California Assembly Bill 1195 requires continuing medical education activities with patient care components to include curriculum in the subjects of cultural and linguistic competency. It is the intent of the bill, which went into effect July 1, 2006, to encourage physicians and surgeons, CME providers in the State of California and the Accreditation Council for Continuing Medical Education to meet the cultural and linguistic concerns of a diverse patient population through appropriate professional development. The planners and speakers of this CME activity have been encouraged to address cultural issues relevant to their topic area. The Stanford University School of Medicine Multicultural Health Portal also contains many useful cultural and linguistic competency tools including culture guides, language access information and pertinent state and federal laws. You are encouraged to visit the portal: http:/ /lane.stanford.edu/portals/cultural.html.

CME Privacy Policy

Click here to review the Stanford Center for CME Privacy Policy.

Contact Information

If you are having technical problems (video freezes or is unplayable, can't print your certificate, etc.) you can submit a Help Request to the OpenEdX Team. If you have questions related to CME credit, requirements (Pre-test, Post-test, Evaluation, Attestation) or course content, you can contact the CME Online support team at cmeonline@stanford.edu

Bibliography

Administration SA and MHS. Results from the 2012 National Survey on Drug Use and Health: Summary of National Findings, NSDUH Series H-46, HHS Publication No. (SMA) 13-4795. Rockville, MD: Substance Abuse and Mental Health Services Administration; 2013.

Centers for Disease Control and Prevention (institution). No Title. http://www.cdc.gov/vaccines/about/terms/glossary.htm#e. Accessed July 30, 2015.

Chen LH, Hedegaard H, Warner M. QuickStats: Rates of deaths from drug poisoning and drug poisoning involving opioid analgesics—United States, 1999–2013. MMWR Morb Mortal Wkly Rep. 2015;64(01):32.

Crews F, He J, Hodge C. Adolescent cortical development: a critical period of vulnerability for addiction. Pharmacol Biochem Behav. 2007;86(2):189-199.

Diagnostic and Statistical Manual of Mental Disorders. Washington, DC: American Psychiatric Association; 2013.

Drugfree.org. 2012 Partnership Attitude Tracking Study. 2013. http://www.drugfree.org/wp-content/uploads/2013/04/PATS-2012-FULL-REPORT2.pdf. Accessed December 16, 2013.

George O, Le Moal M, Koob GF. Allostasis and addiction: role of the dopamine and corticotropin-releasing factor systems. Physiol Behav. 2012;106(1):58-64.

Humphreys K. Circles of Recovery: Self-Help Organizations for Addictions. Vol (Edwards G, ed.). Cambridge: Cambridge University Press; 2004.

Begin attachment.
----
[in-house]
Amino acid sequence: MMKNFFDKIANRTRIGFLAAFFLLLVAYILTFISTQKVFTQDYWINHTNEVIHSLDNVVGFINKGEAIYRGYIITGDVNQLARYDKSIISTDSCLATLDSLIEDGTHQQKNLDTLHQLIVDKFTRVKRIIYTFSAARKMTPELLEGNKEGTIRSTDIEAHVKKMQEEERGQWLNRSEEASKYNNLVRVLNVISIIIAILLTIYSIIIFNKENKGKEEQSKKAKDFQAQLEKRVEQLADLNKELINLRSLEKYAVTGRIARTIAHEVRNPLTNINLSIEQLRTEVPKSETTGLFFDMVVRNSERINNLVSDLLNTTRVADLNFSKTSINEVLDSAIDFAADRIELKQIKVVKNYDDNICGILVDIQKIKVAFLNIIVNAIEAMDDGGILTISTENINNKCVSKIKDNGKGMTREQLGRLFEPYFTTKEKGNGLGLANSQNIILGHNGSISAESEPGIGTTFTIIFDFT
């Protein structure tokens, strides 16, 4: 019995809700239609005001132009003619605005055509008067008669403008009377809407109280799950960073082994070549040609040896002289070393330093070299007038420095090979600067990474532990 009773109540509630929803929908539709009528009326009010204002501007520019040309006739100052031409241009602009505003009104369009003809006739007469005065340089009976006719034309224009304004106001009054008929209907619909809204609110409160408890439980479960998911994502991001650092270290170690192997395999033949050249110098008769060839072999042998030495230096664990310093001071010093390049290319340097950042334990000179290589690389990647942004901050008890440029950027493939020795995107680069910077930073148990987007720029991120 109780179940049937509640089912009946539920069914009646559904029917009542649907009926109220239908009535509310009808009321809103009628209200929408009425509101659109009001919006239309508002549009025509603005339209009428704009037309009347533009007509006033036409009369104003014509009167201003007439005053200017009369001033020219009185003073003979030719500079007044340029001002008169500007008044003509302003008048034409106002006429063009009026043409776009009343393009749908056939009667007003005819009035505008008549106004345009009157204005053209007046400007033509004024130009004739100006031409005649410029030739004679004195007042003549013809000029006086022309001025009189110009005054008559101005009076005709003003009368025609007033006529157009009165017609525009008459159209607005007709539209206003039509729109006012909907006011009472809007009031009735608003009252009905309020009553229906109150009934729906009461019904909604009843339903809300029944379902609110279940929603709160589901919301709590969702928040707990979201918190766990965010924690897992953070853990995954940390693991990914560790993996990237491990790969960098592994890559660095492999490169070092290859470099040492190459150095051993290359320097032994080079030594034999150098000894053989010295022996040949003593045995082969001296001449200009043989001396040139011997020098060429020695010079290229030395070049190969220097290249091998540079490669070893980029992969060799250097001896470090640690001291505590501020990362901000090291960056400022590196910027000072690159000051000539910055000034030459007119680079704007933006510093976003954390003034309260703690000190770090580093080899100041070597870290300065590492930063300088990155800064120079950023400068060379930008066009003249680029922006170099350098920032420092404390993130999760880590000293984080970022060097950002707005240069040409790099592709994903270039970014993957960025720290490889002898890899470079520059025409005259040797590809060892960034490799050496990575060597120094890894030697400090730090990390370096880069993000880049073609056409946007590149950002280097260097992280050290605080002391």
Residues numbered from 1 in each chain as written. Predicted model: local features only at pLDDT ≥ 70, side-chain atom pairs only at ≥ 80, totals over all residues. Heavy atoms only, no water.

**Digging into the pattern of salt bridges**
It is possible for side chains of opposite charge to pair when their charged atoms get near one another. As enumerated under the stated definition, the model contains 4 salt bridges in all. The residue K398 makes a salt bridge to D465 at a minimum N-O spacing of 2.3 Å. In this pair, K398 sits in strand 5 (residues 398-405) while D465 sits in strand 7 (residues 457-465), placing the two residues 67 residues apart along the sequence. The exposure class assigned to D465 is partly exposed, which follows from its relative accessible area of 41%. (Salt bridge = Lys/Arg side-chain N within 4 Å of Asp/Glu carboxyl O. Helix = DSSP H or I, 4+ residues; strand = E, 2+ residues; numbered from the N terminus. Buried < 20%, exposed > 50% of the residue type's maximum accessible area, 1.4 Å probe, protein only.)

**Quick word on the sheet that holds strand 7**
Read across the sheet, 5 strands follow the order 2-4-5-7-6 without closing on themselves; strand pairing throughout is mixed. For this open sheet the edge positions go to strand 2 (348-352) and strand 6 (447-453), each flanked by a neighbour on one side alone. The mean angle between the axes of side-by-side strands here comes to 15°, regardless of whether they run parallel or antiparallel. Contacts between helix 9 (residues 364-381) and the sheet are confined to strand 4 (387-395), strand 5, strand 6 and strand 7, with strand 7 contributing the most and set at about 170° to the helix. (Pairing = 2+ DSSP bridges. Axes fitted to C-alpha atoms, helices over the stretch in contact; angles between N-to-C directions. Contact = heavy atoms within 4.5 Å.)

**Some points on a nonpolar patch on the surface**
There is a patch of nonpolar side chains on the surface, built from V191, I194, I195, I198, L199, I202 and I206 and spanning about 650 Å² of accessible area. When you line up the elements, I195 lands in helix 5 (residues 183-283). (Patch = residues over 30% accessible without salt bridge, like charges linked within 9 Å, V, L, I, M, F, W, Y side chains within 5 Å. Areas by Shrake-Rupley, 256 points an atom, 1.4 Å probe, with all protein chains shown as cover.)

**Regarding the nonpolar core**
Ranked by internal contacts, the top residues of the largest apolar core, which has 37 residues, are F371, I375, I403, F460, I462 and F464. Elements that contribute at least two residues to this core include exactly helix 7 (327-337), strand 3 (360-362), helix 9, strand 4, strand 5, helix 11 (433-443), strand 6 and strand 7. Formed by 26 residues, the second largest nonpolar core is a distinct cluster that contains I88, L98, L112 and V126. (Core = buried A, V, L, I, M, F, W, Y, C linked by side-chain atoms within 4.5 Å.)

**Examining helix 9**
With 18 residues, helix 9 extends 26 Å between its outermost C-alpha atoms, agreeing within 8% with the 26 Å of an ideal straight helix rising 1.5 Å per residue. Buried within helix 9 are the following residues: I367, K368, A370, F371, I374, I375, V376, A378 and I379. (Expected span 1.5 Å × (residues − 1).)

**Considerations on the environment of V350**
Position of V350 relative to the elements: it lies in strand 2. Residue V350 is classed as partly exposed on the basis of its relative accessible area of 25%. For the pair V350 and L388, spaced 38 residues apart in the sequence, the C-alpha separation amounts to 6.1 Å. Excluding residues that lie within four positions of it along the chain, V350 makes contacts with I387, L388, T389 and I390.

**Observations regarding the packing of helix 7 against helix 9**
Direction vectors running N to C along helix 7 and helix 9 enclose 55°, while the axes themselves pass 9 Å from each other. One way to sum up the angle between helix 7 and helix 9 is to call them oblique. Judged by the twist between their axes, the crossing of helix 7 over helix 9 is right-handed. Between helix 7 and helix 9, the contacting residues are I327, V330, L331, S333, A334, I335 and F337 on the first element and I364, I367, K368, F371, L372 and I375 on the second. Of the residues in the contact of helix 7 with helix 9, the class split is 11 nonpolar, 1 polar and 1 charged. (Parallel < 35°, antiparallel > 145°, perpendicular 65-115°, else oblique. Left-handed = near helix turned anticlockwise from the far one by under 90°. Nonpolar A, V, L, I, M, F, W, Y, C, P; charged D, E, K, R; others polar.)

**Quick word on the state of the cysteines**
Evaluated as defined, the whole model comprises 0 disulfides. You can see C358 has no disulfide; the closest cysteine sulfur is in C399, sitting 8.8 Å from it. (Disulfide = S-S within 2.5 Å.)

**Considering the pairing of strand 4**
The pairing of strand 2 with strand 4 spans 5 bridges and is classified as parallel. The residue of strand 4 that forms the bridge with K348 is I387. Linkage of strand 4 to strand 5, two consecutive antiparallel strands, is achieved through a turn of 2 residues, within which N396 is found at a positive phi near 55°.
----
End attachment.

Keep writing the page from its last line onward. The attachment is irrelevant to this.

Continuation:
Kauer JA, Malenka RC. Synaptic plasticity and addiction. Nat Rev Neurosci. 2007;8(11):844-858.

Lembke A. From self-medication to intoxication: time for a paradigm shift. Addiction. 2013;108(4):670-671.

Lembke A. Why doctors prescribe opioids to known opioid abusers. N Engl J Med. 2013;368(5):485.

Manchikanti L. National drug control policy and prescription drug abuse: facts and fallacies. Pain Physician. 2007;10(3):399-424.

Manchikanti L, Singh A. Therapeutic opioids: a ten-year perspective on the complexities and complications of the escalating use, abuse, and nonmedical use of opioids. Pain Physician. 2008;11:S63-S88.

McDonald DC, Carlson K, Izrael D. Geographic variation in opioid prescribing in the U.S. J Pain. 2012;13(10):988-996.

Nestler EJ. Is there a common molecular pathway for addiction? Nat Neurosci. 2005;8(11):1445-1449.

Paulozzi LJ. Prescription drug overdoses: a review. J Safety Res. 2012;43(4):283-289.

Paulozzi LJ, Jones CM, Mack KA, Rudd RA. Vital Signs: Overdoses of Prescription Opioid Pain Relievers --- {United States}, 1999–2008. MMWR Morb Mortal Wkly Rep. 2011;60(43):1487-1492.

Ries RK, Fiellin DA, Miller SC, Saitz R. Principles of Addiction Medicine, 4th Ed. Philadelphia: Wolters Kluwer/Lippincott Williams & Williams; 2009.

Robison LM, Sclar DA, Skaer TL, Galin RS. National trends in the prevalence of attention-deficit/hyperactivity disorder and the prescribing of methylphenidate among school-age children: 1990-1995. Clin Pediatr (Phila). 1999;38(4):209-217.

Schultz W. Potential vulnerabilities of neuronal reward, risk, and decision mechanisms to addictive drugs. Neuron. 2011;69(4):603-617.

Selemon LD. A role for synaptic plasticity in the adolescent development of executive function. Transl Psychiatry. 2013;3:e238.

Steketee JD, Kalivas PW. Drug wanting: behavioral sensitization and relapse to drug-seeking behavior. Pharmacol Rev. 2011;63(2):348-365.

Substance Abuse and Mental Health Services Administration. Drug Abuse Warning Network, 2011: National Estimates of Drug-Related Emergency Department Visits. Rockville, MD; 2013.

Sullivan MD, Howe CQ. Opioid therapy for chronic pain in the United States: promises and perils. Pain. 2013;154 Suppl:S94-S100.

Warner M, Chen LH, Makuc DM, Anderson RN MA. Drug poisoning deaths in the United States, 1980–2008. NCHS data brief, no 81 Hyattsville, MD US Dep Heal Hum Serv CDC. 2011.

Weisner CM, Campbell CI, Ray GT, et al. Trends in prescribed opioid therapy for non-cancer pain for individuals with prior substance use disorders. Pain. 2009;145(3):287-293.

Wise RA, Koob GF. The development and maintenance of drug addiction. Neuropsychopharmacology. 2014;39(2):254-262.

©2015 Stanford University School of Medicine

  1. Course Number

    008
  2. Classes Start

    Oct 23, 2015
Enroll